5. Divide Actionable from non-Actionable itemsScott Belsky of Behance says that an actionable task starts with an action verb: “call A”, “buy a gift for B”, “follow up contract with C”.
  6. Take proper breaks. When you finish with your focus time, get up from your work area and really take a break.  Stretch, take a short walk, go outside and be with nature.  Opening a browser window and reading news or email is not a real break.
  7. Anticipate your physical needs. Go to the bathroom before you start your focus time.  Get a drink of water and put it on the table.  Make sure your chair is comfortable.
  8. Use Music – Listening to music helps me focus and cut out other distractions.
  9. Reward yourself. Celebrate small successes.  Eat some chocolate when you finish an important task.  Have a coffee only when you finish another 10 minutes of total focus.
  10. Do what Nike says – “Just Do It”.  Don’t let your resistance win.  When I start writing, I will not stop until I have written 500 words.  If I have to, I will write “I will keep writing, I will keep writing” until another idea comes to mind…  but I will not let myself stop.  Repeated practice has reduced the little voices in my head that say “why are you doing this?  Who is going to read this?  Who are you to be writing this stuff?”

You made it here?  3 minutes of attention?  That puts you in the small percentage of people who have found strategies to manage their attention in the overwhelming swarm of distractions that make up a typical life in the modern world.

The Origin of Leaders series

This series of posts has now looked at 6 of the powerful keys to unlocking leadership in your life and in the communities which matter to you:

In the next post I will start to look outside to how you affect those around you and scale and magnify the changes you wish to effect in the world

Stop.  Take a look around you.  Take a look at the people you work with, the people you meet at parties, even the people you just casually pass in the street.

How do they spend their days?

Most of them work.  They do some other activities as well. They sleep, eat, cook, hang out with friends, watch TV, play sport and some might play an instrument.  Nothing, however, comes close to the hours that they dedicate to work.

Now, honestly, how well do they do it?  Well enough to keep the job?  Maybe well enough to get a promotion every couple of years?  But are any of them great at what they do?  Truly world class?  Excellent?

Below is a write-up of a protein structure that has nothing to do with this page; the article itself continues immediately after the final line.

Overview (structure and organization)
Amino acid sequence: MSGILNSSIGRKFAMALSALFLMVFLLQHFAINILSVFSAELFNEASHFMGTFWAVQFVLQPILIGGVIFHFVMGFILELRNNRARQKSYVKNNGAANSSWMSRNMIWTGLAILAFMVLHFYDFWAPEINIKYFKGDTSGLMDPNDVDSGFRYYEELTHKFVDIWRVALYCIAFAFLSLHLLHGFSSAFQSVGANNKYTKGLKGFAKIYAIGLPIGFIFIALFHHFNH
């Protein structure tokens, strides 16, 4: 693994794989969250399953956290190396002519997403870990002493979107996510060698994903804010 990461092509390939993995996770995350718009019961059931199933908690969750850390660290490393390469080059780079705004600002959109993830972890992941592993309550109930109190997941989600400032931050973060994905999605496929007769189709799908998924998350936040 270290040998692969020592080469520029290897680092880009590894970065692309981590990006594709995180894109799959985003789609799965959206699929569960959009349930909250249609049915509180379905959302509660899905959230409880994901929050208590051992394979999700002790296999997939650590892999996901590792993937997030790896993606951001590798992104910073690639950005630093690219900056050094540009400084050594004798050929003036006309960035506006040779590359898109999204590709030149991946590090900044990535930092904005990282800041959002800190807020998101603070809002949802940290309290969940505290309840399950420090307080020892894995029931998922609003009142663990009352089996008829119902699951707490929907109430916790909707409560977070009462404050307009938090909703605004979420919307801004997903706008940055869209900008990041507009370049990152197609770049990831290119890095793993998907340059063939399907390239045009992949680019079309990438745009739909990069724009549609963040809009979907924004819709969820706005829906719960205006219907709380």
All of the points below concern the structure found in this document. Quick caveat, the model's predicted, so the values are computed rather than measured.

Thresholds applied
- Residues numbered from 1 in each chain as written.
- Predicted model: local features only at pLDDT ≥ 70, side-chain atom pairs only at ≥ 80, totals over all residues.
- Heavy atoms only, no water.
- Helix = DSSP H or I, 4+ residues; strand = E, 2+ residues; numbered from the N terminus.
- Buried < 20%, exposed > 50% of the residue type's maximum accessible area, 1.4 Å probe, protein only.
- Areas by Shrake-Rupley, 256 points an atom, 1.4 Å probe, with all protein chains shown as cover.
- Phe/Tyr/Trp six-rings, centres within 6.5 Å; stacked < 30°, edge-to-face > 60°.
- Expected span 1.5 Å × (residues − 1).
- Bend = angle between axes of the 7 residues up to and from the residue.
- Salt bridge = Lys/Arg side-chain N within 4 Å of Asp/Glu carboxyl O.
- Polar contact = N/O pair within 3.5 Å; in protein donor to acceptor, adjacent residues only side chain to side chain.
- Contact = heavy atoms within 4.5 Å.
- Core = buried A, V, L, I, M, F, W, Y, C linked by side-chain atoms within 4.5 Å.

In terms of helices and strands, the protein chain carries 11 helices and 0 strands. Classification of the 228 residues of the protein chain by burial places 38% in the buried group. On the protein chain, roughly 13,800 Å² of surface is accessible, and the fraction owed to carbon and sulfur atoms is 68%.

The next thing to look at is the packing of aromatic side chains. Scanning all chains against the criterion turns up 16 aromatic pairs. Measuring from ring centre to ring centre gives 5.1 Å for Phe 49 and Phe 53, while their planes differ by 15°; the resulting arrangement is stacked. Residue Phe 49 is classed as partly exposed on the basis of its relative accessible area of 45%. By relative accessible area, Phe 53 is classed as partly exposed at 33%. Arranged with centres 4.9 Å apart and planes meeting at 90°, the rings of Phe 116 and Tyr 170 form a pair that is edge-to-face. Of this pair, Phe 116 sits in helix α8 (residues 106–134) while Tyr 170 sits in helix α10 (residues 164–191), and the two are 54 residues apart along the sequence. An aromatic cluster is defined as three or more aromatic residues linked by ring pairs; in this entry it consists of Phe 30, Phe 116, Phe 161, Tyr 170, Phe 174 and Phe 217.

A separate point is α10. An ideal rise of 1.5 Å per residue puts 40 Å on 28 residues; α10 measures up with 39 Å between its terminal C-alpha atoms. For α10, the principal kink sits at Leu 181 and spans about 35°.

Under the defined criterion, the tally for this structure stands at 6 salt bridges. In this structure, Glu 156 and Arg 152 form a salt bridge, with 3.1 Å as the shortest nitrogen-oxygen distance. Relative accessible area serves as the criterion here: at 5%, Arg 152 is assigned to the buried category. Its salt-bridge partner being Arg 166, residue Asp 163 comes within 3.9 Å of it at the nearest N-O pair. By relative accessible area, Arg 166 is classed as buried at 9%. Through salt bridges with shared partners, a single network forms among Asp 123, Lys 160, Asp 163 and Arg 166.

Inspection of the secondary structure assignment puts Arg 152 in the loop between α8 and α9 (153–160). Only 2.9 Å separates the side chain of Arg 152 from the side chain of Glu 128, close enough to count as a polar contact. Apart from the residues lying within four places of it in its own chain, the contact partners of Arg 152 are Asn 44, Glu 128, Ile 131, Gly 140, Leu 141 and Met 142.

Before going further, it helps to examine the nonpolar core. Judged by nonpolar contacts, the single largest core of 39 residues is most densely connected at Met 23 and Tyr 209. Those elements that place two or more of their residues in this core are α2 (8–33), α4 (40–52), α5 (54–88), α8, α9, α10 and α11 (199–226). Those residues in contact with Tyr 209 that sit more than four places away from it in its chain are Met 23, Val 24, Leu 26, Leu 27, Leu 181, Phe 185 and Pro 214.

Why?  How can they spend so much time at it, going through school, through university, maybe even an MBA, executive seminars, coaching, mentors, high-flyer programs…  but they are not great at what they do.

Why?  Some people have been working for 30, even 40 years.  After all these thousands of hours most people are no more than mediocre at what they do. This is sad.

Only two routes to get more done

There are two routes to double the output.  One is to work double the hours.  Instead of 4 hours, I give 8 hours.  I may get double the output.  It is unlikely.  The marginal utility reduces for each additional hour as tiredness and loss of focus become stronger.  There is also a physical limit to this approach.  I only have a limited number of hours in a day, in a week…  in a life.  So, I might increase today’s output by 20% or even 30% by adding hours, but this is not a healthy route.

Route two is to double the effectiveness of my hours.  How can I begin a process that continually increases the value of output of the hours that I give to a task or a job or a cause?

People who improve their effectiveness daily have two things in common:  they care about the outcome and they remain humble.

Care about the outcome

There is a Spanish saying that there is no good wind for a boat with no rudder.  Alice, when she reaches Wonderland asks White Rabbit “Which path should I take?”  White Rabbit replies “where are you going?”  Alice: “I don’t know.”  White Rabbit: “Then it doesn’t matter which path you take.”  Posts 1 and 2 in this series talked of Imagination and Ambition – about deciding and committing to a course of action, about clarity in what you seek to achieve.  If you don’t care where you are going, then effective learning is not going to happen.